We asked for breakfast 6:30 so we could head to center early 7am for PET distribution. We set up 4 fitting stations with 2 people at each. Jay suggested two stations inside in a big room, one in an adjacent room and one outside in the shade of a tree. A few PETs were still tacky from extra paint though most were dry. Lots of folks gathered under two tents set up with chairs. About 9:30 Pauline gave the recipient list to one of her helpers so we could start adjusting. Nancy was in adjacent room helping with the Lion’s Club reading glass distribution.
We borrowed extra kid PET tools and some parts to help the adjustments go quicker. I moved around, checking that each station did OK and helped out as needed. Chris tired of taking pics so became Damali’s helper in side room. Ben and Marilyn also took photos of PETs for the official record I have to send back to PET International. We also took special photos of one child receiving a PET from St. Elizabeth’s Catholic Church. One grandfather picked up another kid PET.
With a few PETs left to adjust Pauline came in asked us to stop and go out to special service. A few of us stopped but the rest finished up quietly. Two preachers, Pauline, a recipient and Jo Ann spoke. Lunch was served for all from the same room that the reading glasses distribution was taking place. Pauline’s helper allowed some of the people who did not get a PET to go in and try out the remaining kid PETs. All were too big but they refused to leave them. I went in and explained that one child PET was designated to the Catholic Church and the others were too small. Pauline had to come in and confirm the sad news. Probably 12 more adults could have used a PET. We later saw a “trail” of PETs heading for the city center along the main road.
Visit to the Pgymies
The Baka Pgymy People
Our Group took a big bus to a nearby river and falls. Most of the group took several canoes to a pygmy village. They greeted us and did pictures then danced with a donation pot in the middle. Some people were disappointed with the “tourist trap” aspect. There were some monkeys in trees but they were hard to see with all the leaves.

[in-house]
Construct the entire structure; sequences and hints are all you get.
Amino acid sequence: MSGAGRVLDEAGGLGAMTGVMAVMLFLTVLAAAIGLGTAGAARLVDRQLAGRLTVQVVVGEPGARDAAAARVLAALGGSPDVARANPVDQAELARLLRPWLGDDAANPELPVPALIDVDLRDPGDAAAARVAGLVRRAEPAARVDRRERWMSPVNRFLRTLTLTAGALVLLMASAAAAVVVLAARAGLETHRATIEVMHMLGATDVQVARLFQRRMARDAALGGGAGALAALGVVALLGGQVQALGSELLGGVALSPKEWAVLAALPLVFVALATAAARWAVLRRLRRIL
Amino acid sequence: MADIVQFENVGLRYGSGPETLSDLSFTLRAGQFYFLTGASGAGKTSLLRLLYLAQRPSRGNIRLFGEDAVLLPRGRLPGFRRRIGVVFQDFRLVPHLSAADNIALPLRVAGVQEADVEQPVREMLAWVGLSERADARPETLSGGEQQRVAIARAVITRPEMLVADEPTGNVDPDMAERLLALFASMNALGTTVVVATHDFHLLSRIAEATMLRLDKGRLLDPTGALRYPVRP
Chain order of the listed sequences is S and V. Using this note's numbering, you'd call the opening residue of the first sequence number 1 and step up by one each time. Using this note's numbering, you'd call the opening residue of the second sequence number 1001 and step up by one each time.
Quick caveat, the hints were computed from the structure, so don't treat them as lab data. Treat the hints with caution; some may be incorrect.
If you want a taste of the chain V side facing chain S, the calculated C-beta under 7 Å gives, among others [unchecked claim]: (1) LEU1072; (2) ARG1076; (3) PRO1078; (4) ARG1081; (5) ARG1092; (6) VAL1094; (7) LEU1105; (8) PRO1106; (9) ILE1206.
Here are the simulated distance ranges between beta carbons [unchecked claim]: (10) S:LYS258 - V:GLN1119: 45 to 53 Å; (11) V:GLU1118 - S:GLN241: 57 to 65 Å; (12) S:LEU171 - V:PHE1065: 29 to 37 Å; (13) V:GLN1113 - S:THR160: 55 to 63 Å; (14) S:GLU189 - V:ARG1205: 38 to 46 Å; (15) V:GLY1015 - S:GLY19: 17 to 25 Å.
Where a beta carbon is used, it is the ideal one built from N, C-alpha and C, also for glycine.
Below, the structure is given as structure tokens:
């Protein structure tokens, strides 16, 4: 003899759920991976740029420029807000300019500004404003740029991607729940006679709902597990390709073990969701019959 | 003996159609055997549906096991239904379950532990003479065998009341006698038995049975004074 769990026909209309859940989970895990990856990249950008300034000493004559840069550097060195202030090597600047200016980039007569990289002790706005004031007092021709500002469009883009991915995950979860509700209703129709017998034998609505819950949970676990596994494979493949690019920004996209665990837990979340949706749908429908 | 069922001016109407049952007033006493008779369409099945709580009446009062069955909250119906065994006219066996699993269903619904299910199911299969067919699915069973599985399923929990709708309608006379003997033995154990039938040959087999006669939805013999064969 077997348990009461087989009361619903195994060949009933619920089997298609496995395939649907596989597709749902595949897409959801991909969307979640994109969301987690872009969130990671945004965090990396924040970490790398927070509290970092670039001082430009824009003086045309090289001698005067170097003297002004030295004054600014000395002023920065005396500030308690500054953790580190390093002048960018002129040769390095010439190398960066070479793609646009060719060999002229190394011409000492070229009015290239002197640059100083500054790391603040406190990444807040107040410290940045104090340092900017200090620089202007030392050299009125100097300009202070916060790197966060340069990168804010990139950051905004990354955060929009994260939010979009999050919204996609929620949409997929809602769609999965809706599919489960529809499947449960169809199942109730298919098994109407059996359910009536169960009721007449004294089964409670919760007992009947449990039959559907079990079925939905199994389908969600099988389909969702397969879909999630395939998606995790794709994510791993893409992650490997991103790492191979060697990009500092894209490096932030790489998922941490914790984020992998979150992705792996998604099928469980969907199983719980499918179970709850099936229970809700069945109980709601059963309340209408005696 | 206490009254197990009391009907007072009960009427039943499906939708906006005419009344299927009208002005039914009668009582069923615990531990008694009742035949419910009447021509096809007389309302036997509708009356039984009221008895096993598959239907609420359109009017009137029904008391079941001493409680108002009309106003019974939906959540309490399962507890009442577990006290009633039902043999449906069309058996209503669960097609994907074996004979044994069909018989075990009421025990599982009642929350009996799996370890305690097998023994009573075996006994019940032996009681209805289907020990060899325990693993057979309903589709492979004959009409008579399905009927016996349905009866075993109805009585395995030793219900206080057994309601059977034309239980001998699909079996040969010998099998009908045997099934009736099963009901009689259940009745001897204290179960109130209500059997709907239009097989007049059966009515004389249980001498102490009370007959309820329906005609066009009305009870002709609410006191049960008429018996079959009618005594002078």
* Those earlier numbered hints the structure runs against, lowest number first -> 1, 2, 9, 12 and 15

Marilyn was visited by an elephant mouse overnight which left a skunk smell in one of her bags. Took big bus 8 miles to village where Pauline’s husband was from and is now buried. Jo Ann preached from Luke on Centurion with great faith and we had great music. I sat on right side pews which turned out to be ladies side but they put up with me.
We had another longer pygmy concert from a group associated with the village. This group also had a donation plate. Was cute to see a little girl latched onto Chris and he danced/carried her to center and dropped donation in hat. Lunch was pizza.
We talked a lot at dinner regarding our next visit. My guess is it will be in 2 years not 3 but we will need to raise funds for sufficient PETs. Lots of talk about getting Pauline and the choir to Anchorage before the next trip to help fundraise. I told Damali that I would be less likely to come next time but she assured me that she would be 16 and could handle PETs all by herself. I have no doubt of that.
Church Service at the Bissiang Village
Wear Your Helmet!
We made it to Douala at 3pm without any events. On our way out of Kribi, though, we saw a recent motorcycle accident. Marilyn said that the young man lying on the road was probably dead from brain injury. Solution is easy: wear a helmet. Damali was on other side of the bus so did not see the gore.
Our flight was not till 10:30pm so some of the group braved the big market with its aggressive vendors. We took several taxis to airport and discovered a new “law” preventing us from stopping in front of the airport. This was to give folks jobs helping us carry bags all the way to the terminal. After some confusion, we got out and carried our own bags with grumbling from men having lost that income. Damali was reminded of Honduras exit where we were told to not let anyone touch our bags at the airport. The group parted in Paris, with some staying and some taking different flights back to the USA.